If you happened to see Cisco Vlahakis walking around today in the engineering quad, it’d be impossible to know that almost three months ago he was lying in a hospital bed missing 65 percent of his liver. While most Stanford students spent their summers working internships and preparing for their dream careers, Cisco was recovering from donating his liver to his godmother.
It’s doubtful that elementary-aged Cisco, while reading medical textbooks for fun, knew that he’d someday voluntarily subject himself to surgery for another’s benefit. “She’s always been in the picture; she’s been like a second mother to me,” he said in reference to his godmother. “We didn’t know what to do when she told our family about the cancer.”
Susy had contracted epithelioid hemangioendothelioma, a rare genetic disease that affects the liver, lungs and sometimes even the skin. Though she was already on the waiting list for a liver, lack of awareness about the severity of her condition and the fact that she wasn’t yet showing symptoms meant that she wasn’t considered high priority. She’d already asked her immediate family to donate, but everyone whose body could possibly withstand the taxing surgery was too frightened.
Cisco recalled reflecting on the news, concerned for Susy’s life, thinking of all the things she had done for him, from hearing out his side when he had conflicts with his parents to regularly checking in to see how he was doing. He thought about his family driving to her house in the suburbs for barbecues, jumping with her in bouncy houses, all the times he’d hung out with her daughter and son; he thought about another friend who had just passed away from leukemia, having received a bone marrow donation too late to recover.
During winter quarter of his freshman year, Cisco called Susy and told her he would donate. He’d already gone to Vaden to confirm that their blood types matched.
“I was walking on the street opposite Farrillaga towards Lakeside Dining, and she was crying — I remember that vividly,” he recalled. “She was super happy, like, ‘Thank you, thank you so much, oh my God, are you actually gonna do it, are you actually gonna do it?’”
Some people might have wavered about their decision afterwards, but Cisco wrestled with all his hesitations beforehand. “There was some second guessing [before telling her],” he admitted, “but I told myself, ‘I can be scared, but I should forget about those feelings because this is her life. What really matters is that she’s alive and in this world.’ And that’s what kept me going, even when it got really hard.”
It was hard. Cisco’s mother wept when he informed her of his decision, urging him not to go through with the surgery since nobody knew what might happen. Susy was her best friend since high school, but Cisco was her son.
His grandmother, whom he had always been close with, was simply angry. Cisco had slept at her house frequently as a child, and they’d spent a lot of time together, watching television shows and chatting while his parents went on dates. She had muscular dystrophy and was wheelchair-bound, so their activities were sometimes limited.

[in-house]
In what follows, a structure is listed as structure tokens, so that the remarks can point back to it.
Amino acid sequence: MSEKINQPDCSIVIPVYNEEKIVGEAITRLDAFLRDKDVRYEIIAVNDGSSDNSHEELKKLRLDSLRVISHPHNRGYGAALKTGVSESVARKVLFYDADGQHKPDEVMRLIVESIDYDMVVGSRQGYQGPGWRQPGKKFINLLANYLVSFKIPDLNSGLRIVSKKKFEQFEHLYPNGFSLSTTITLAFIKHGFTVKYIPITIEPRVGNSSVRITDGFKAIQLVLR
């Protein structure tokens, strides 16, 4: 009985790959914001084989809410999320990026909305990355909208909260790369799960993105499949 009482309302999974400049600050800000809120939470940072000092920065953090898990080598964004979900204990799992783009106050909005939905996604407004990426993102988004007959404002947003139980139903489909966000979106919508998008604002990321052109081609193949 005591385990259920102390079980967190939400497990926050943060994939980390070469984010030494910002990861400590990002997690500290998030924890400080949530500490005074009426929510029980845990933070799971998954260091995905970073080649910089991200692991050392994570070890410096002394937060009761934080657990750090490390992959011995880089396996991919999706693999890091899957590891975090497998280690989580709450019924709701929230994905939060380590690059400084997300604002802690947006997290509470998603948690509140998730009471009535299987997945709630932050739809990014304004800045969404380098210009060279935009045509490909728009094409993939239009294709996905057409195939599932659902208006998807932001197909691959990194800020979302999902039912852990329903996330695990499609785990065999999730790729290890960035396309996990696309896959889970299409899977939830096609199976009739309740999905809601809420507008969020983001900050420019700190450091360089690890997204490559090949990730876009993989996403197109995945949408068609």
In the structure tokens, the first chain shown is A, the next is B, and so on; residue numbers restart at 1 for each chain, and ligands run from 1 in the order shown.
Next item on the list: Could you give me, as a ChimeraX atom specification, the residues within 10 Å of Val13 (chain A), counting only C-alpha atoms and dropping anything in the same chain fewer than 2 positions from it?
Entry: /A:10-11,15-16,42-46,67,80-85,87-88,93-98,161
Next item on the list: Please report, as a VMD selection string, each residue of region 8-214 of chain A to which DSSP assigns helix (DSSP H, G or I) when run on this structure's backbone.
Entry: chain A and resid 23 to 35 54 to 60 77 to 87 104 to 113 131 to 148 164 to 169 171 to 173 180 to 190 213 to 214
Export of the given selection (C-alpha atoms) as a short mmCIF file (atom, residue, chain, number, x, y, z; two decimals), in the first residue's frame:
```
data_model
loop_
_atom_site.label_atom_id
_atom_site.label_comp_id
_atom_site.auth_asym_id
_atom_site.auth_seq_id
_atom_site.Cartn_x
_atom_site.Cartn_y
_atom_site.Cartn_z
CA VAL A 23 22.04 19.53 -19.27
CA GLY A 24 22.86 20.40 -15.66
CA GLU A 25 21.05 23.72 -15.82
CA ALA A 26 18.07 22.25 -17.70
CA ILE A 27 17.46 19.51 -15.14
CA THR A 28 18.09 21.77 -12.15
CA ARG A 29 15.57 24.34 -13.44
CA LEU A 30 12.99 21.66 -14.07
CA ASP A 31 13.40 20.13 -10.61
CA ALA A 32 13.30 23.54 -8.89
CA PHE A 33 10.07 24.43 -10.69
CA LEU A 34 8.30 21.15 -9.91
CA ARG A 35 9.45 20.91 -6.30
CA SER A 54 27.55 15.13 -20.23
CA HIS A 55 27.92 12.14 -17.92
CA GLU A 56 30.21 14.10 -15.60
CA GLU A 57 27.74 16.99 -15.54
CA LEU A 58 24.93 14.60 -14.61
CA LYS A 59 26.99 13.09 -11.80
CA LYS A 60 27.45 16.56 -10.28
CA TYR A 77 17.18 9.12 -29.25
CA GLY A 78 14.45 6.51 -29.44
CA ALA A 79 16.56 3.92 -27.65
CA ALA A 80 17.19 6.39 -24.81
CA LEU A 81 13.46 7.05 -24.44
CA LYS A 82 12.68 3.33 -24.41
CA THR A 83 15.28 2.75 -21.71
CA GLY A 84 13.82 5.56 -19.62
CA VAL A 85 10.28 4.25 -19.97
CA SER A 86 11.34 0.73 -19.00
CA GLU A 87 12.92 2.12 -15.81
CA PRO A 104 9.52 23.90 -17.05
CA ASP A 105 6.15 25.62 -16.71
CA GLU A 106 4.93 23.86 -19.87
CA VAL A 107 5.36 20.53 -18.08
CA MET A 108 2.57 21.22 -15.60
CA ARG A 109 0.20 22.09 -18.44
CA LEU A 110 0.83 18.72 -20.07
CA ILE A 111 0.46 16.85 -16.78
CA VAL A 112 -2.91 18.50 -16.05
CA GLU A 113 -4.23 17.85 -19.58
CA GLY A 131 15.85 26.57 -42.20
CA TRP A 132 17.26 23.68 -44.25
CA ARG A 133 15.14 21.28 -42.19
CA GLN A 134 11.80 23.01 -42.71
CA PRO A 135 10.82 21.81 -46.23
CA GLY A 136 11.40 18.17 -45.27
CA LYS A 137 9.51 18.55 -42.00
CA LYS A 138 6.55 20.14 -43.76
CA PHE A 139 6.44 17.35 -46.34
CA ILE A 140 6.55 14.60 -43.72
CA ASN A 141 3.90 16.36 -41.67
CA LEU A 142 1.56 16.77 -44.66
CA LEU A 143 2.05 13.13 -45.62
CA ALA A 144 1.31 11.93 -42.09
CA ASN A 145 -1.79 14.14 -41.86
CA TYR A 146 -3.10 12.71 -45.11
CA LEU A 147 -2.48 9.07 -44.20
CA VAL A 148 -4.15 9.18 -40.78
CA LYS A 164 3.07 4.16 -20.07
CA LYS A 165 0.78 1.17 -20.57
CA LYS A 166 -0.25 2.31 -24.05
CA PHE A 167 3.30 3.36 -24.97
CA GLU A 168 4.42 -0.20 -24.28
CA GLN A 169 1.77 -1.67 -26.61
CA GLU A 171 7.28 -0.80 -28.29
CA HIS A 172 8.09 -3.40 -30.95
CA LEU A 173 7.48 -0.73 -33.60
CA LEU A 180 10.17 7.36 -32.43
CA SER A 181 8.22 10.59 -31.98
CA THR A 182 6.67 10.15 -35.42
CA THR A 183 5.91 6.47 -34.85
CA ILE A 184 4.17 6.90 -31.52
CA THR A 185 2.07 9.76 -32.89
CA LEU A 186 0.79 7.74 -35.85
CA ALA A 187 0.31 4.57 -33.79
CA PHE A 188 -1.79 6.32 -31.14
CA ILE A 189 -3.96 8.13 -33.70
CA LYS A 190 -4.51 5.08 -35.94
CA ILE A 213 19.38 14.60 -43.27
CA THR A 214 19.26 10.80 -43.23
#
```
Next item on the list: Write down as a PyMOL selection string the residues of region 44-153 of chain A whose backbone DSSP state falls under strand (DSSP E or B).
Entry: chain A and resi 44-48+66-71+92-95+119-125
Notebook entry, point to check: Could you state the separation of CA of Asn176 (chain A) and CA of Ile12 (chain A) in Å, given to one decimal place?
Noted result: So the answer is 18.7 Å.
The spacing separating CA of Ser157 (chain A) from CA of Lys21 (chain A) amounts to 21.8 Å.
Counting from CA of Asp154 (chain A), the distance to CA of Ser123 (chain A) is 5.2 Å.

“She’s really into the Nintendo Wii, though,” Cisco said, leaning over and resting his wrists on his knees to demonstrate how they played together. “We bonded over that.”
Having suffered her whole life from a medical disorder, his grandmother couldn’t see how any healthy person could knowingly inflict damage upon themselves. “You have so much to live for. Why would you do this?” she asked. In the end, she feigned indifference. “If you want to do it, just do it,” she remarked coolly.
After the surgery Cisco spent a week in the hospital being fed liquids and vacillating between mild discomfort and extreme pain. Doctors were careful not to give him too much medicine, waiting to order narcotics only when absolutely necessary.
“I didn’t know when I needed it,” Cisco said. “When I felt pain, I would say ‘I need it.’ They would say, ‘Just breathe, just brace,’ until I was begging for it.”
In recovery Cisco stayed with his grandmother, and the two took care of each other. At first he could only walk outside briefly, but eventually he could do a little grocery shopping, even cook small meals while his grandmother watched over him. He constantly called Susy, who was suffering through her own recovery process even as her body responded well to the transplant.
By the time school started again, Cisco was back to normal, minus the scar on his abdomen. Unsurprisingly, he now views Stanford struggles from a new perspective. “We’re given so much,” he said, pausing to laugh and conceding that the phrase is cliché before continuing.
“Even if things don’t go so well — you don’t get the club you want or the grades you want — it’s all insignificant because there are other people dealing with cancer and other life-threatening diseases and disorders.”
He also feels that the stigma toward donating organs is unwarranted. “People see their body and think, ‘Okay, this is how my body should be,’ and anything invasive or intrusive … [they] don’t want to deal with that. But you can’t live life and do the things you want if you’re not alive. Have that in your mind: the life you’re saving.”
Cisco is studying computer science and bioengineering, having already decided not to go to medical school as he once intended. He reasoned that he could maximize the number of lives he saved by engineering products for doctors to use rather than by being a doctor himself.
“It’s just a question of how much impact I can have given my short lifetime on this earth,” he said. “I’ve always known that I wanted to help people, and whatever I do, that’s the main priority.”
His actions undoubtedly reflect this conviction.
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Contact Katiana Uyemura at kuyemura ‘at’ stanford.edu.